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TVARA Board Meeting

The recently released minutes of the TVARA August 8, 2014 board meeting contain many good questions about the retirement system. Reproduced below is the section of the meeting minutes that pertains to the retirement system. I added my comments in red. See the complete meeting minutes here.

TVA Retirement System Update - (This portion of the minutes have been edited by Pat Brackett, Director, TVA Retirement Management)

As of June 30 we had $7.7 billion in assets. The previous 9 months have been up 11.2 percent, but July was down 1 – 1-1/2 percent. By the Retirement System’s books we are 84-85 percent funded. TVA books are approximately 20 points lower. The economy is getting a little stronger. So far it has been a good fiscal year.

The TVARS Board met on July 14, and recommended $350 million to be contributed to Retirement in 2015. However, TVA has their own data and they will decide on the amount.
This does not explain why TVA has chosen to rely on its own data rather than the retirement board’s data. The retirement board is tasked with supplying TVA with data on the retirement system, and TVA has relied on it for many decades.


The graphs and charts that we see make us feel uneasy because this is where we get our living from.
Some systems are 90-100 percent funded. The data is correct on the graphs and charts you’ve seen and the information is correct. TVARS is not as well funded as many of the investor owned utilities we’ve been compared to. But there a some fundamental differences between TVARS and these investor owned utilities we’ve been compared to. TVA is subject to different accounting standards than TVARS is and calculates their liability according to those standards which results in a higher liability and lower funded status. We would love to be fully funded and we would love to have $11.5 billion in assets so we could take risk out of the investment portfolio. TVA does not have to fund TVARS like these other investor owned utilities that are subject to ERISA. TVA is a federally-owned corporation. We look like other governmental plans with automatic colas, higher discount rates, and longer amortization periods. The investor owned utilities we are being compared to do not have an automatic COLA, use a lower discount rate, and a shorter amortization period. Some think that TVARS can force TVA to contribute more to the System and that’s not true. TVARS is required to tell TVA what the minimum contribution is according to the System’s Rules and Regulations. TVA has ultimate control of what they contribute.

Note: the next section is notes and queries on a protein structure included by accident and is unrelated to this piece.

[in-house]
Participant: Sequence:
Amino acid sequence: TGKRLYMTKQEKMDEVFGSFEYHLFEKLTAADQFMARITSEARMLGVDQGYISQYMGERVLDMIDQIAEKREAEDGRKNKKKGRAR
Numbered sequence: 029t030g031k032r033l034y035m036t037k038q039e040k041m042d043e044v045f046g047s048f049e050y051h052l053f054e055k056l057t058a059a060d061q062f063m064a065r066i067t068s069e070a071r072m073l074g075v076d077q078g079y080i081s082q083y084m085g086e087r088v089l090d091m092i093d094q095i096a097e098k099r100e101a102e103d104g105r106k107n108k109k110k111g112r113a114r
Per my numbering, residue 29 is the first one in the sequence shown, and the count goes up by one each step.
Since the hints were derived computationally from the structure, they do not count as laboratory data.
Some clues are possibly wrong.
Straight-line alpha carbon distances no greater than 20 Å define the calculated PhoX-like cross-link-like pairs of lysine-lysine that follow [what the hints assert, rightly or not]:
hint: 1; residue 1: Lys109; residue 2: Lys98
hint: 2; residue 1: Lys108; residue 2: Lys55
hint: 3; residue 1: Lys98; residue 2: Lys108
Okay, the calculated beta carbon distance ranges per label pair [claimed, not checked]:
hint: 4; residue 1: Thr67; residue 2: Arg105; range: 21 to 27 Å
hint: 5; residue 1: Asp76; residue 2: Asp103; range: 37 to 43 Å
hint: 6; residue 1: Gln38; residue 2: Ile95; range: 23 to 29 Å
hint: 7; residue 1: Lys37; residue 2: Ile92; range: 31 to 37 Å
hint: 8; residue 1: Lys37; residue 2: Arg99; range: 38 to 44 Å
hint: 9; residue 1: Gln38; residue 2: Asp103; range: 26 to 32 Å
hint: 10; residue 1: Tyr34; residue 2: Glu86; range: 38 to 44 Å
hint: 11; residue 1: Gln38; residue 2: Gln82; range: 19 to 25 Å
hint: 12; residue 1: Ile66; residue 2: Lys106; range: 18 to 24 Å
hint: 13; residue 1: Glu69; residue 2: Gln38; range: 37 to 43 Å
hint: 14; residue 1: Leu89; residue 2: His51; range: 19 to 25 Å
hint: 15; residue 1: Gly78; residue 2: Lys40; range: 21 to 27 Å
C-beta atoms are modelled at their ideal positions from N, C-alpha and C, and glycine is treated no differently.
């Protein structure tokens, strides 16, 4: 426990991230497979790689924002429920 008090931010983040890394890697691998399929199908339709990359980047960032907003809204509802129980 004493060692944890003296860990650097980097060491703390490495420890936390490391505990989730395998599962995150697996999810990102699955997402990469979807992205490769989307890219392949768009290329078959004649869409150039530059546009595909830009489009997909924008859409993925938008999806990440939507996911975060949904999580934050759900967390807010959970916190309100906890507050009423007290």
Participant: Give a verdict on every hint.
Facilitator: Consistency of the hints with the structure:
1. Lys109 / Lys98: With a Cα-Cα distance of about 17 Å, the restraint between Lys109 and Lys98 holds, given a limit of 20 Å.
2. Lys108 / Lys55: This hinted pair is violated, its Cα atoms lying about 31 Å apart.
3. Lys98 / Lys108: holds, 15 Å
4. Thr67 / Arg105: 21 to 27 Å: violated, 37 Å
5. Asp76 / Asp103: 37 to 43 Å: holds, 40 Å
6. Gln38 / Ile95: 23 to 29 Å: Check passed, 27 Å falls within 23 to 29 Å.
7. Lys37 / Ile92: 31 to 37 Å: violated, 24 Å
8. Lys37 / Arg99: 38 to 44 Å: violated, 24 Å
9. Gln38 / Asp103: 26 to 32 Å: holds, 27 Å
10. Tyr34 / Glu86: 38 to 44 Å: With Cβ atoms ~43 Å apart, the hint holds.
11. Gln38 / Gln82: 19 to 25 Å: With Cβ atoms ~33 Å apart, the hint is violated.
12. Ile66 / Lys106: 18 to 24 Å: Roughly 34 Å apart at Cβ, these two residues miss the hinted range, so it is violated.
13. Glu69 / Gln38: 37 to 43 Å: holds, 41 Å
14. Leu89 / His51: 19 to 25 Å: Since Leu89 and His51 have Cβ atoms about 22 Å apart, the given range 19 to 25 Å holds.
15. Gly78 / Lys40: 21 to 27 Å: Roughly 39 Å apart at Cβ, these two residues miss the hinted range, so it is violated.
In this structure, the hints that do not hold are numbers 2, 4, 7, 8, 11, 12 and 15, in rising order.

This does not explain that FERS (Federal Employee Retirement System) is the governmental plan which covers the vast majority of federal employees. A small percentage of TVA employees are covered by FERS, including all of the TVA board members. TVA has historically been required to contribute more to FERS for these employees, as a percentage of pay, than it has contributed to TVARS. TVA is required to make contributions to FERS every year.